Satellite technology could give public health officials advance warning of disease outbreaks likely to occur as a result of global climate change, researchers said.
Preliminary efforts have already produced models that predict spikes in diseases ranging from cholera to hantavirus on the basis of remote sensing data, according to Timothy Ford of the University of New England in Biddeford, Maine, and colleagues.
Writing in the September issue of the CDC's Emerging Infectious Diseases, Ford and colleagues -- including Rita Colwell, former director of the National Science Foundation -- said novel patterns of infectious disease are likely to accompany the regional temperature and hydrological trends that add up to climate change.
"If climatologic data can be used to predict future disease outbreaks, public health interventions can be mobilized in a more timely and proactive manner," they said.
"Successful predictive modeling of disease and the establishment of early warning systems have reached a critical junction in development. As we improve our understanding of the biology and ecology of the pathogen, vectors, and hosts, our ability to accurately link environmental variables, particularly those related to climate change, will improve."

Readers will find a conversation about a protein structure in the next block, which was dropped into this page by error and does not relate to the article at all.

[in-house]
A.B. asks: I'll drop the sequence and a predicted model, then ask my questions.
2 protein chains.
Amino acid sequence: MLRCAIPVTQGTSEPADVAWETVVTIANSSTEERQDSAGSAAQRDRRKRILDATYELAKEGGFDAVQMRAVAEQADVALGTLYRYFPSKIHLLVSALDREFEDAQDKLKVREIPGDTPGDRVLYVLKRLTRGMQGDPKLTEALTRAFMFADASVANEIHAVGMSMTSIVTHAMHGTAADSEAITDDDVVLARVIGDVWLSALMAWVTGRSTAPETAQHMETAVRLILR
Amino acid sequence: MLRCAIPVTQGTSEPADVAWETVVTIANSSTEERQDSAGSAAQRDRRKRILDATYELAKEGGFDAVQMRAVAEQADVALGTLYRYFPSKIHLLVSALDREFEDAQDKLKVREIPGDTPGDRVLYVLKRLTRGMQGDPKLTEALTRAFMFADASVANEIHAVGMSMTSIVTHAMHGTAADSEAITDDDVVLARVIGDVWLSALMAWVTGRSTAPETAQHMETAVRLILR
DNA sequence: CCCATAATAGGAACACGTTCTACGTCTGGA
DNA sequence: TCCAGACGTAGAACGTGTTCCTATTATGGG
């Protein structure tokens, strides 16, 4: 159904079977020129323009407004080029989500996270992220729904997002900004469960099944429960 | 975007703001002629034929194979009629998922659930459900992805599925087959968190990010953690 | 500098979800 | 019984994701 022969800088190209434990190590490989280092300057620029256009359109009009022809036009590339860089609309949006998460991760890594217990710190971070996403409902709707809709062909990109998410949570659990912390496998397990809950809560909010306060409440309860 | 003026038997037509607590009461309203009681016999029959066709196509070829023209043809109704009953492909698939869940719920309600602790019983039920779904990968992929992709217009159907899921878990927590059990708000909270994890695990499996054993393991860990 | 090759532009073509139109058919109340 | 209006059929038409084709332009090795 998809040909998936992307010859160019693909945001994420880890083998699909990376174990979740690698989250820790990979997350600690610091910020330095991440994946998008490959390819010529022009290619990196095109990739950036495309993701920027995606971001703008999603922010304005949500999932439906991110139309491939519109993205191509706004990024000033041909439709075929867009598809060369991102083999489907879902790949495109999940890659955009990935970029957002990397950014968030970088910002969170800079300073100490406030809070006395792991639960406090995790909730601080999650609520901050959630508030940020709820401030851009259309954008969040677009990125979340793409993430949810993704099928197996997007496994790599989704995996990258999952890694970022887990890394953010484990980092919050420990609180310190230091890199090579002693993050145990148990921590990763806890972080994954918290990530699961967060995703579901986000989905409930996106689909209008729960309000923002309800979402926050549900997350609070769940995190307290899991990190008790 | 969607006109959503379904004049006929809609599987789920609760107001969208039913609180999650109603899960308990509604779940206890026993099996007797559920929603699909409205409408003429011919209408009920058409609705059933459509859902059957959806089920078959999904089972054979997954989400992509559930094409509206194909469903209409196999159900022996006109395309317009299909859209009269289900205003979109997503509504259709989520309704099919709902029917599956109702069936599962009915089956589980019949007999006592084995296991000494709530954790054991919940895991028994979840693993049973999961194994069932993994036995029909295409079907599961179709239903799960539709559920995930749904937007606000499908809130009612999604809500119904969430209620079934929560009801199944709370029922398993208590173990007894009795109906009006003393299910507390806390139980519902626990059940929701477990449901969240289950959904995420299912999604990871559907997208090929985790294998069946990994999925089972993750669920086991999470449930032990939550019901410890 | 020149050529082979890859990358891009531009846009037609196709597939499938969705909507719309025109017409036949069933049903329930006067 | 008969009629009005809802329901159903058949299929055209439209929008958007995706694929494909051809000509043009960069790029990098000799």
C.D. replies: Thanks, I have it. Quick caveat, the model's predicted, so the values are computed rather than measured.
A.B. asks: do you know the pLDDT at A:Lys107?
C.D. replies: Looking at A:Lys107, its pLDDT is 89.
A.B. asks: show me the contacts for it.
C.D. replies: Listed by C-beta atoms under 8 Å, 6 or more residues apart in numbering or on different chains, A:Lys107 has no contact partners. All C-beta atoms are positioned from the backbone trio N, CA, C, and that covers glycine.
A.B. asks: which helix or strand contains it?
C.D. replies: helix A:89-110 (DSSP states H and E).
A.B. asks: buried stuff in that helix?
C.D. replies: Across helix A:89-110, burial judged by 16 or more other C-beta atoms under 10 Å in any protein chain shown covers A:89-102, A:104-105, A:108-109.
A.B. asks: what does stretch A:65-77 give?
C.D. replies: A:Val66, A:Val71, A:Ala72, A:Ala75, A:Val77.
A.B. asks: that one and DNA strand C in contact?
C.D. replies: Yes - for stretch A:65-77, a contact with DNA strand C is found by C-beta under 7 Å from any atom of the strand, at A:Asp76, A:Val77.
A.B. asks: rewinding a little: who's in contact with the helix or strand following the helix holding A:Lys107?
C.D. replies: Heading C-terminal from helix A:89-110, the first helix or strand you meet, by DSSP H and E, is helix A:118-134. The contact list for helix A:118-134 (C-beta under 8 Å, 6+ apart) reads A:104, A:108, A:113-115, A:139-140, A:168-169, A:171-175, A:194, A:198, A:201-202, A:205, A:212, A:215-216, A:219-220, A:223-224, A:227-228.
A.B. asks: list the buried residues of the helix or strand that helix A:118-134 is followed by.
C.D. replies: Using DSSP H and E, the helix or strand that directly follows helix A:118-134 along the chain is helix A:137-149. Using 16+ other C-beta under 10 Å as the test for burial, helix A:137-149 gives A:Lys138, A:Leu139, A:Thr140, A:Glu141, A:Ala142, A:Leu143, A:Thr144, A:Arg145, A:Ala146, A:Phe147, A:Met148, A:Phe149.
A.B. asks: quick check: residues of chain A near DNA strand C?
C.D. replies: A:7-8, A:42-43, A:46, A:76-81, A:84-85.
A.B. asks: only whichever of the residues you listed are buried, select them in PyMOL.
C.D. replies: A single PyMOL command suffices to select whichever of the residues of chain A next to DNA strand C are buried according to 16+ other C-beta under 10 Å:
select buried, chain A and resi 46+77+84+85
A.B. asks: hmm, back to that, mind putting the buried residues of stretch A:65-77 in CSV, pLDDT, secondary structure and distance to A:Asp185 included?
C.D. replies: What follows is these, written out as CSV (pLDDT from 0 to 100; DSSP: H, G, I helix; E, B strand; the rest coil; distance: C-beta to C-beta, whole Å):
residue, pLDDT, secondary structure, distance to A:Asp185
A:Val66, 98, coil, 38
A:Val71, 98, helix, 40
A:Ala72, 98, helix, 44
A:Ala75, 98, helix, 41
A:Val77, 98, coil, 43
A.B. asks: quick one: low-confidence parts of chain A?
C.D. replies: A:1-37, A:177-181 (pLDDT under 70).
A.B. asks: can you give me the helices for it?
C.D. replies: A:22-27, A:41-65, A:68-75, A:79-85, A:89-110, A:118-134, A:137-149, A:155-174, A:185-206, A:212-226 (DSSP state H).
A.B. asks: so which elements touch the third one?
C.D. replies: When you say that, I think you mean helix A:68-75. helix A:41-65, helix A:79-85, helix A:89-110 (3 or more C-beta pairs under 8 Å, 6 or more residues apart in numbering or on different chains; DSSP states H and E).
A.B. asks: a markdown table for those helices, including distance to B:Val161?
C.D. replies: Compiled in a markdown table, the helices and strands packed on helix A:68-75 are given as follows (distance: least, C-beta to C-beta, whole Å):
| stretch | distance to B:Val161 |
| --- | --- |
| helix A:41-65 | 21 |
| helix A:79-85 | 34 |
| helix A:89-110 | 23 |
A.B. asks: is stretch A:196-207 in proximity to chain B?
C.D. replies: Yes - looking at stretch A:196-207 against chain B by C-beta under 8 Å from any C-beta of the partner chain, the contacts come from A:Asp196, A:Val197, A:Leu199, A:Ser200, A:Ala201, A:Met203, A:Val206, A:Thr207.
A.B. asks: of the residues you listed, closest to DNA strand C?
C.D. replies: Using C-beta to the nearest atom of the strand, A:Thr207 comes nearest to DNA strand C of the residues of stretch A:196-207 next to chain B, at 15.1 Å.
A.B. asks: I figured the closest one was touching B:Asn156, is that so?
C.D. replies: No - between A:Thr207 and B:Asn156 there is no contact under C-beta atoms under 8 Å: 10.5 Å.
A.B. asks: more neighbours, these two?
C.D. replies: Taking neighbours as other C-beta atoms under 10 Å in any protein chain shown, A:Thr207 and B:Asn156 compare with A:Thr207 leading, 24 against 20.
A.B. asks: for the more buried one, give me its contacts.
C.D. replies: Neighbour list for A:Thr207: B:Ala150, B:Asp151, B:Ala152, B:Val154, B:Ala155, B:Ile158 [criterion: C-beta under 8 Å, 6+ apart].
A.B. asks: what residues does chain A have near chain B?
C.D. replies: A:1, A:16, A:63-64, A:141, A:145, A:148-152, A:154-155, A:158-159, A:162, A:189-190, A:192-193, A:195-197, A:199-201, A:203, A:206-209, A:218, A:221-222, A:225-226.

They added, "We cannot stress too strongly our belief that a strong global satellite program is essential for future disease prediction."
They noted that the 2001 report from the Intergovernmental Panel on Climate Change predicted that the average number of people exposed annually to storm surges -- which frequently carry Salmonella, Vibrio, Cryptosporidium, and hepatitis pathogens -- will probably rise from 50 million people worldwide today to 250 million in the 2080s.
Altered frequencies and tracks of storm systems are also likely to mean inland flooding of areas that aren't exposed to it now. Ford and colleagues said areas of increasing drought may also be at risk for novel disease outbreaks. On example is meningococcal meningitis, which is endemic in sub-Saharan Africa during dry conditions and disappears at the start of the rainy season.
New patterns of vector-born diseases are another expected consequence of climate change.
Ford and colleagues pointed to several projects that have shown preliminary success in relating satellite data to disease:
Distribution of five out of six Anopheles gambiae mosquito species, vectors for the malaria parasite in Africa, has been modeled from remote sensing data on land use and climate parameters.
Remote sensing data in the southwestern U.S. correlated significantly with subsequent outbreaks of rodent-borne hantavirus pulmonary syndrome.
Eight of nine spikes in Bangladeshi cholera rates from 1998 to 2002 were successfully modeled on the basis of satellite data on sea surface height and temperature and chlorophyll A levels.
Ford and colleagues cautioned that the predictive power of these models is still weak. For example, 2005 Landsat imagery showing higher-than-normal rainfall in northern New Mexico and southern Colorado led health officials to warn of increased risk of hantavirus in those areas. The hypothesis was that rain promotes plant growth in the region, leading to a population boom in deer mice who carry the virus.
Cases indeed spiked in New Mexico during early 2006. But no increase occurred in Colorado, which actually saw fewer hantavirus infections than the previous year.